Tuesday, 8 November 2016

Gawain lines 417 - 466 The Beheading

The green knight on the ground, gravely he kneels:
A little lift of the head, he discloses his skin;
His lovely long locks he lays over his crown,
Lets the naked neck to the knight show.
Gawain gripped his axe guardedly, heaved it on high,
Shifted his left foot forward, set it before,
Dropped it down lightly on the dermis bare,
That the braggarts own blade burst open his bones,
And sliced through the sweet meat, and spliced it in twain,
See the bit of the bright steel bite into the ground.
The fair head from the shoulders it span to the earth,
And knocked around rolling, courtiers kicked it away;
The blood burst from the body and blackened on the green.
And neither faltered the fell freak, nor tipped,
But started and sprinted forth upon strong shanks,
And running he reached out among the standing ranks,
Leapt to his lovely head, and lifts it up quick;
And turning boldly to his bronco, the bridle he catches
Steps into the stirrup and strides aloft,
And his head by the hair in his hand holds;
The sire sitting neatly in his saddle seat
As if no mishap he had, though headless now
He bent his bulk about,
That ugly body that bled;
Many of him had some doubt,
But that his reasons be read.

For he actually held up the head in his hand,
At the princes on the podium he pointed the face,
And it lifted the eye-lids and looked full broad,
And emitted this much from his mouth, as you may now hear:
"Remember, Gawain, be ready to ride as you promised you would
And look as long as you need till you find me my lord,
As you have sworn in this citadel, in sight of these knights.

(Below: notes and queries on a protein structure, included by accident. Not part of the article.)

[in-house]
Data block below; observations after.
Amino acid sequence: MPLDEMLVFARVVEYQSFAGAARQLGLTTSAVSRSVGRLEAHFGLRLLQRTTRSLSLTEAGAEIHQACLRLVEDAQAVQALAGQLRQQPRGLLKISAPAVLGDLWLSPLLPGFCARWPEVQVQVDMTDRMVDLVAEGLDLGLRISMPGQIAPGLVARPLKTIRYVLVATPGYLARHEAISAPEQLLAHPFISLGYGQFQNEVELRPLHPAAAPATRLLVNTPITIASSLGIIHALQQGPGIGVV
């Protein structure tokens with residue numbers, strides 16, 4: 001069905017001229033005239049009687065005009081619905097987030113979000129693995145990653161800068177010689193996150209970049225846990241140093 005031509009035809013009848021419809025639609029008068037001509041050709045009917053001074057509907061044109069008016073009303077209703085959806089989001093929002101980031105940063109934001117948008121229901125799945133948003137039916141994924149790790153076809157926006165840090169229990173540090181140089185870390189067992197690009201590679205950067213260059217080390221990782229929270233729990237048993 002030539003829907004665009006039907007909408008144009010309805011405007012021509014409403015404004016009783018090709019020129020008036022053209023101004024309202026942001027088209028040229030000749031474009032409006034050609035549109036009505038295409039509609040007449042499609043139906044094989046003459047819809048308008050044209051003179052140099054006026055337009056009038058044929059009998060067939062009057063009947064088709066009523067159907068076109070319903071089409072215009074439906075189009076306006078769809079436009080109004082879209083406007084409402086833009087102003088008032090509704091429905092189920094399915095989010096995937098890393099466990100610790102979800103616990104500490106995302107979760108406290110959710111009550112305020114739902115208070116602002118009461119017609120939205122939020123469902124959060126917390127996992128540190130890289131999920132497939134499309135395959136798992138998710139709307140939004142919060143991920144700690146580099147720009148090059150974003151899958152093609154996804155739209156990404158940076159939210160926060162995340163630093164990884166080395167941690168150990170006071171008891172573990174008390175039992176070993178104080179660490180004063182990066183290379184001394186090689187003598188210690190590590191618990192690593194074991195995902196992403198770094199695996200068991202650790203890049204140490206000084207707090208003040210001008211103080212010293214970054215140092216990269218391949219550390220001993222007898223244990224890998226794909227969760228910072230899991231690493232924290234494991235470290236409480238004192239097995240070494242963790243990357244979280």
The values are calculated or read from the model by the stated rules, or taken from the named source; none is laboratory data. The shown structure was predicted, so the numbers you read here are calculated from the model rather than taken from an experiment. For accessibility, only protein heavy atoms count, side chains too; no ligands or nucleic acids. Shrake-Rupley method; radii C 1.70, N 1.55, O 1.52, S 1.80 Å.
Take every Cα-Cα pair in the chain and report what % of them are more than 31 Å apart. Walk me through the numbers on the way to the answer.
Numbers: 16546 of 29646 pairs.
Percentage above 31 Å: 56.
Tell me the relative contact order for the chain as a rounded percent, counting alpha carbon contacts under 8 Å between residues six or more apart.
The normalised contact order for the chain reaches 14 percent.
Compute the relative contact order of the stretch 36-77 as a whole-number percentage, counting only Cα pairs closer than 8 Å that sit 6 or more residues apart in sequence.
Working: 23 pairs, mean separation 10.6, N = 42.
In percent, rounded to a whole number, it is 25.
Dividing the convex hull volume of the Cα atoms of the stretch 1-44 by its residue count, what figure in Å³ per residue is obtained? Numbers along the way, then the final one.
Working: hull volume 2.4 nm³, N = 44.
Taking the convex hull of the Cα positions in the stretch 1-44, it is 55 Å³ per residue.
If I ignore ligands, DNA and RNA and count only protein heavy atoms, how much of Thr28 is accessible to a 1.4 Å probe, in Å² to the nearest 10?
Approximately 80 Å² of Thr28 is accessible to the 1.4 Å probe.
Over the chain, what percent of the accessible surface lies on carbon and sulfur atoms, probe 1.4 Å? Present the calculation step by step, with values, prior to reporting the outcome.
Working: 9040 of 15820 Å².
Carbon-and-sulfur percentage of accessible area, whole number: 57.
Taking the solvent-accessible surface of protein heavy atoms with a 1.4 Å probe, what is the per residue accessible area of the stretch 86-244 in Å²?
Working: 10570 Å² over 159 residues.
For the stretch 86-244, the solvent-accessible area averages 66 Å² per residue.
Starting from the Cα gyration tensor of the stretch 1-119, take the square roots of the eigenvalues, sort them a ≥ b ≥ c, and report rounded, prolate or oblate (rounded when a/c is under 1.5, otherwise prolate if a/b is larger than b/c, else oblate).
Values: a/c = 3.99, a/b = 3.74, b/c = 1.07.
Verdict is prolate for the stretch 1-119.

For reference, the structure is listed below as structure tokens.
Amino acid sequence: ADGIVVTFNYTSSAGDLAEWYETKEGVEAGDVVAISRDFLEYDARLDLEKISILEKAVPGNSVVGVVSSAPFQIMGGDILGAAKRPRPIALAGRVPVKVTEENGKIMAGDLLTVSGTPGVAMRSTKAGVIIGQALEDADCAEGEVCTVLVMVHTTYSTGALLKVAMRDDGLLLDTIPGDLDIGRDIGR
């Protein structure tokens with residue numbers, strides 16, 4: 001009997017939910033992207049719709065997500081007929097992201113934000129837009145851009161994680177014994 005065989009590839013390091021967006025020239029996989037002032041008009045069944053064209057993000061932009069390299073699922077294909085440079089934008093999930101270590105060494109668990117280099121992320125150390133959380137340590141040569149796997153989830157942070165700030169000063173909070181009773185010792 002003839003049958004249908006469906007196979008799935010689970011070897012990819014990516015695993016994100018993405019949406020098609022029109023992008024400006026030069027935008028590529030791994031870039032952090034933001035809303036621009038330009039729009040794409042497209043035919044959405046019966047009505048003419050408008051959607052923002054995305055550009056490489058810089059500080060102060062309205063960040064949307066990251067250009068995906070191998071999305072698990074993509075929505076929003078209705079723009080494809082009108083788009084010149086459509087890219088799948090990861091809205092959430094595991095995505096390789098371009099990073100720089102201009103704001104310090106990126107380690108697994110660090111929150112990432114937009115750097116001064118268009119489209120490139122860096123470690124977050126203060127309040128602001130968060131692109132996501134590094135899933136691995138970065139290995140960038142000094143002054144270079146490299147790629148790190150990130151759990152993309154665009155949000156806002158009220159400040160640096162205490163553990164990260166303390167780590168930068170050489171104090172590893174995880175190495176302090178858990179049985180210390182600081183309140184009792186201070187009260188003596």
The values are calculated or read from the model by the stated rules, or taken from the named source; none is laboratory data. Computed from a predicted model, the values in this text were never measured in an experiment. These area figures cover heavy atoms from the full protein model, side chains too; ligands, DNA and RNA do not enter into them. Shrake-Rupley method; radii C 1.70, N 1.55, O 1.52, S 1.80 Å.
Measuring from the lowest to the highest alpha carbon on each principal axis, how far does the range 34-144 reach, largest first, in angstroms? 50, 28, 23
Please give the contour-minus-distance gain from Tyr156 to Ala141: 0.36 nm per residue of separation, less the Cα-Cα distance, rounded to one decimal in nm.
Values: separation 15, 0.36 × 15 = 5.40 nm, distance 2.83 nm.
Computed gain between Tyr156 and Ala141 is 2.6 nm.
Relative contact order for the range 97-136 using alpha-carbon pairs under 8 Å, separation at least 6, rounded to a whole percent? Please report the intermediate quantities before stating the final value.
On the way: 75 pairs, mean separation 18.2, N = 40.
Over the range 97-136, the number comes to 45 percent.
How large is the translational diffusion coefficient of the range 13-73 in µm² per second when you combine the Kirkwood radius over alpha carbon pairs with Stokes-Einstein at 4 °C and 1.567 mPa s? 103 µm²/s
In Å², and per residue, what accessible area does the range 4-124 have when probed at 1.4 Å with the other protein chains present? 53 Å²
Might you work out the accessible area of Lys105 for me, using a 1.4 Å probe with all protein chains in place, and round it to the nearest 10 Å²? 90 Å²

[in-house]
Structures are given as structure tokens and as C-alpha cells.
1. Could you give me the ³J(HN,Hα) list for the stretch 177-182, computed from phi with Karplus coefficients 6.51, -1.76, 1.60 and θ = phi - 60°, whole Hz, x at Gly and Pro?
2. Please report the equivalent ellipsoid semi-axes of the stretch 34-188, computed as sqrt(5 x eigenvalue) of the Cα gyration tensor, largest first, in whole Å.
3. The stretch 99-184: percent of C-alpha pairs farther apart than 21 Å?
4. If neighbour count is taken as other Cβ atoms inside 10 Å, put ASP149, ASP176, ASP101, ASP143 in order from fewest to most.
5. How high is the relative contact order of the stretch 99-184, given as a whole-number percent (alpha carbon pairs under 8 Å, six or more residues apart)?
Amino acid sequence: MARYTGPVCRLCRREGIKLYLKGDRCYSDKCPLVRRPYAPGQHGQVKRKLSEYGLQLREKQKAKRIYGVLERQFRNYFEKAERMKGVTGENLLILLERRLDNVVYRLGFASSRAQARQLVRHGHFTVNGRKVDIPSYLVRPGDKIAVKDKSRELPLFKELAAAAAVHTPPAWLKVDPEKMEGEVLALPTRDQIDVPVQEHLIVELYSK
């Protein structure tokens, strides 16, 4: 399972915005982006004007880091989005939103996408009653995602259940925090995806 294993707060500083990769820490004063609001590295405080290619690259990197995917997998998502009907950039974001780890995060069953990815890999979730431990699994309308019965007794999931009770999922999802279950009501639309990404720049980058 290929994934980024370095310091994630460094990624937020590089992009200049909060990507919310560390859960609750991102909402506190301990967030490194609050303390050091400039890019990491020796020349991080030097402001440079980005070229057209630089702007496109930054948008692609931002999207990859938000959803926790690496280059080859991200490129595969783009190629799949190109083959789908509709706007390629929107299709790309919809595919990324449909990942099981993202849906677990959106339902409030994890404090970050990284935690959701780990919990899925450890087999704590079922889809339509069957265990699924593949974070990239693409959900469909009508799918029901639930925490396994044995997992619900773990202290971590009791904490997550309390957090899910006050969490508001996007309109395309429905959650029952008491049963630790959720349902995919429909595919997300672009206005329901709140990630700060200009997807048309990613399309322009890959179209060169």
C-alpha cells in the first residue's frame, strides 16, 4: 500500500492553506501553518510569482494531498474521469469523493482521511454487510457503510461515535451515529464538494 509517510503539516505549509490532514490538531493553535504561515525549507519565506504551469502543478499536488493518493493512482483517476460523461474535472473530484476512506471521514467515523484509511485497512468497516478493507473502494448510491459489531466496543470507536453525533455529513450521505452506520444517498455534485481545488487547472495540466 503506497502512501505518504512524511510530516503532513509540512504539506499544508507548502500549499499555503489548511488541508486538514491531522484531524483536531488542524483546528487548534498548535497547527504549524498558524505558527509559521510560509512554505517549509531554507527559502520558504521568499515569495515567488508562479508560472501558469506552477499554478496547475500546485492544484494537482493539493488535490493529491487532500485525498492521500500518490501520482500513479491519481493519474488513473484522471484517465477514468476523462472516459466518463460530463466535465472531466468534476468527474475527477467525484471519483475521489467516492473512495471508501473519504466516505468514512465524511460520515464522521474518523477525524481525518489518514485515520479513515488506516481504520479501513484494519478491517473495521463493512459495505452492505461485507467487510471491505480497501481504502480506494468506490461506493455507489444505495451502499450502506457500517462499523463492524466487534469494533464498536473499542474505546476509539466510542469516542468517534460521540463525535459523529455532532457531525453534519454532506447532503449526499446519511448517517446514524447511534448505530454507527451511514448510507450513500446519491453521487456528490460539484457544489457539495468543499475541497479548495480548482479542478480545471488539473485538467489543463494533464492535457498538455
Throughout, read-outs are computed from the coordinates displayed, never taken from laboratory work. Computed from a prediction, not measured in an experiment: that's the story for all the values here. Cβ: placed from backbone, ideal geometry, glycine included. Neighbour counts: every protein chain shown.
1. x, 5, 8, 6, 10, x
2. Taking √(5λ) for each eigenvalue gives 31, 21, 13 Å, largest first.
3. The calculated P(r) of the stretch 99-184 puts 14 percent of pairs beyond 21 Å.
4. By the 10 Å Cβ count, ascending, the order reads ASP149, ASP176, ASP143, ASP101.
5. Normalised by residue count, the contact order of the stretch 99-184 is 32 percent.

To the green chapel travel, I charge you to take
Such damage you dealt - deserve you well
To be meticulously indemnified on New Years Morn.
The knight of the green chapel, many men know me;
If you fiercely seek for me you shall not fail.
Therefore come, or claim a cowards name in this world."
With a terse twitch he turned his reins,
And hauled out the hall door, his head in his hand,
That the fire of the flint flared from his foals hooves.
To what kin he belonged knew none there,
Never more than they knew from what country he came.
          What then?
The King and Gawain there
At that green they laugh and grin;
Yet most held it full bare
A marvel among those men.


What I found remarkable when translating this is the fluid understatement of the violent act. Everything has been building towards this, Gawain, Arthur and the knight describe and re-describe exactly whats going to happen, the buildup is intense, then, at the final moment Gawain simply shifts his foot a little and the poem reads:

"Let hit doun lygtly lygt on the naked,"

(Those aren't 'g's in the poem.)
(Also my D for L transposition really makes it a little too harsh and sharp, he only 'lets it down lightly, not 'drop it down'

Instead of rising to a percussive and exclamatory point, the strangeness and horror just flows smoothly, with a sense of rising amazement and growing dissonance, keeping the mood and feel of the piece somewhere between a horror story and a joke.

Then at the end:

"He brayde his bulk aboute,
Pat vgly bodi pat bledde;
Moni on of hym had doute,
Bi pat his resounz were redde."

I know "doute" doesn't have the same feel or precise meaning as 'doubt' but its still a glorious and deranged, willful understatement, which will carry over into Arthur and Gawain's reaction in the next stanza and the gradual unfolding of the feeling of threat.

"What then?" indeed.

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